As such, jurors perceive that the task of the interpreter should be to maintain impartiality by showing no expression as the question unfolds, wait for the witness or lawyer to finish their thought, not search for words, and translate. Jurors observe that when an interpreter writes everything down, this shows attention and accuracy to the testimony.

To make it easier for the jury to hear, the microphone should be placed in front of the interpreter since only words from the interpreter’s mouth can be considered evidence.

A Court Interpreter Offers Advice to Counsel

A certified court interpreter, not involved with this case profile, refers counsel to Government Code section 27293 for the law on the use of interpreters and certification of translated documents. This interpreter reveals that the biggest challenge that a court interpreter faces is to interpret counsel’s “long circling questions” which oftentimes repeat or even misstate the witness’ previous testimony before the actual question is posed to the witness. This certified interpreter’s advice to counsel: “Ask shorter direct questions.”


Language is universal, and when communicated through an interpreter, jurors develop certain impressions that they take with them into the deliberation room. It is advisable for counsel to consider the following findings when a trial necessitates having an interpreter:

  1. Jurors who speak the translated language seem to have less patience with the interpretive process, and claim to try and not nit-pick the interpretation, but ultimately do just that.
  2. An effective interpreter attempts to match the voice emotion and other expression of the witness. This is accomplished with an interpreter who has a deeper knowledge of the case, rather than one who is a “pinch hitter” or on-call interpreter.
  3. The interpreter should be encouraged to take notes as the line of questioning unfolds, for in jurors’ minds, this appears to ensure accuracy.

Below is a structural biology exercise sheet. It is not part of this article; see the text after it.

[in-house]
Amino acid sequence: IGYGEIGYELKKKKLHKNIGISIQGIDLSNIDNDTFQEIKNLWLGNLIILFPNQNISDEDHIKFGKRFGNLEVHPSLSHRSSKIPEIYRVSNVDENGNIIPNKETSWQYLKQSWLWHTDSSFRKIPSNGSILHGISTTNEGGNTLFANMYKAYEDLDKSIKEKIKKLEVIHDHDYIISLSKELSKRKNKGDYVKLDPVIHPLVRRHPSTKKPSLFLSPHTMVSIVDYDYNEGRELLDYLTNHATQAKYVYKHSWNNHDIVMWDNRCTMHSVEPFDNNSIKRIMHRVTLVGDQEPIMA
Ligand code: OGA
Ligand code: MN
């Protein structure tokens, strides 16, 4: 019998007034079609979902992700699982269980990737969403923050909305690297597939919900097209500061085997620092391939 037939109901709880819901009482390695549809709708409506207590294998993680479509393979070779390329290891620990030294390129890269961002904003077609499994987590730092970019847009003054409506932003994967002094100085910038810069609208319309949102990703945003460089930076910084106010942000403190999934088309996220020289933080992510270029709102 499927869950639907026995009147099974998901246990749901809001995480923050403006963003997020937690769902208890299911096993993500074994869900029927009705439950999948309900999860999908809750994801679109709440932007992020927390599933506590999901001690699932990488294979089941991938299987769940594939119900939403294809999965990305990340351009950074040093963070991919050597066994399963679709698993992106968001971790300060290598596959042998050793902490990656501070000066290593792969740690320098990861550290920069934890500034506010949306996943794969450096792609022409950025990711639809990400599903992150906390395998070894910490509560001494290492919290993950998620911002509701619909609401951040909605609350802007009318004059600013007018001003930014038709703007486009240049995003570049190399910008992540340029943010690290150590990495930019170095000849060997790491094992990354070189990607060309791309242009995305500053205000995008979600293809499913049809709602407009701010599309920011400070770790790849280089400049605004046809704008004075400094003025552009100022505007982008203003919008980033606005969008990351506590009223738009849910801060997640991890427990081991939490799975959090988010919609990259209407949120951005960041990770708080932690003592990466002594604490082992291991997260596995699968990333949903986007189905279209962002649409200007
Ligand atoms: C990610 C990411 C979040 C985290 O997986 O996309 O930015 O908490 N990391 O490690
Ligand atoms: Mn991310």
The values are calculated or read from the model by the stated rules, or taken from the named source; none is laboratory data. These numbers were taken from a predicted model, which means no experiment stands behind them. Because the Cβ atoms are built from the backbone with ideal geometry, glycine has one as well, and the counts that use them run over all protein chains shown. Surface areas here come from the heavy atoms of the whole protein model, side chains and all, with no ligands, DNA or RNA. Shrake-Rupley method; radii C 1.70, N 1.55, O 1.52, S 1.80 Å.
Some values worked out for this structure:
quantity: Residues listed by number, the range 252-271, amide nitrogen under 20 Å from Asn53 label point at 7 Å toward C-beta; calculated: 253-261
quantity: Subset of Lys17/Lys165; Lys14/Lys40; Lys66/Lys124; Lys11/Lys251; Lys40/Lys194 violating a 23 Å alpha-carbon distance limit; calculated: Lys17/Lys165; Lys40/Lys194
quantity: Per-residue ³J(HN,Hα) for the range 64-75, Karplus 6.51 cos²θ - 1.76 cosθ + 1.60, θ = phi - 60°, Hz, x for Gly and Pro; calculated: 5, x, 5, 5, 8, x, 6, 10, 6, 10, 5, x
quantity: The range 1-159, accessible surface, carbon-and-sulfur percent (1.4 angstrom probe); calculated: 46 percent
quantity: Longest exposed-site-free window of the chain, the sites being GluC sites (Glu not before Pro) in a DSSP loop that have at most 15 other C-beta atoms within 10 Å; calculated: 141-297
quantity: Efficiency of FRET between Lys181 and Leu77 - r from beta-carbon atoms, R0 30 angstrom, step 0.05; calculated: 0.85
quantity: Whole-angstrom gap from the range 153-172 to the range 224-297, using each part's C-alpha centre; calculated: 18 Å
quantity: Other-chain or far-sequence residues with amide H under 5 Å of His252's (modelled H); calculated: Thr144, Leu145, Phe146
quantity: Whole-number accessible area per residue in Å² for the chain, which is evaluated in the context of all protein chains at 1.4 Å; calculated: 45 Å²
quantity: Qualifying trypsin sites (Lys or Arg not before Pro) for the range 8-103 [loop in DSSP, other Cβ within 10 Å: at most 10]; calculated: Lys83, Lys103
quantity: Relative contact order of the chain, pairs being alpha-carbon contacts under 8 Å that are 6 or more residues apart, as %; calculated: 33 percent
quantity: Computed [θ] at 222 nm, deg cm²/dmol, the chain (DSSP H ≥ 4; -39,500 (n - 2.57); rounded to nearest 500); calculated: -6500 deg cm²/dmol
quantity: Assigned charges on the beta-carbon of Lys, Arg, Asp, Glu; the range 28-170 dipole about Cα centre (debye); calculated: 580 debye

4. Jurors rely on the expressions and emotions from the witness’ eyes to sense and gauge integrity. Indeed, the apparent trust and respect between the interpreter and witness proves critical to promoting the appearance of credibility of the entire process.
  5. Consider those jurors who have no familiarity with the translated language for they approach the interpretive process with more tolerance and curiosity compared with those jurors who have some knowledge of the language.
  6. First time jurors may be less likely to feel impatient with the extra time necessary for interpretation, as they have little basis of comparison. Repeat jurors express annoyance at the lengthier process.
  7. Unemployed jurors, who have no immediate employment prospects, voice a willingness to serve as jurors perhaps to alleviate boredom; they are less likely to complain about the extra time that an interpreted presentation of evidence requires.

Copyright 2010

Patrice Truman, Esq., is a jury and trial consultant working throughout California and elsewhere, with an office in Berkeley, California. She can be contacted at 510-528-4655, by email at or through her web site, She welcomes suggestions and topics for future newsletters.

Copyright © 2010, Truman & Associates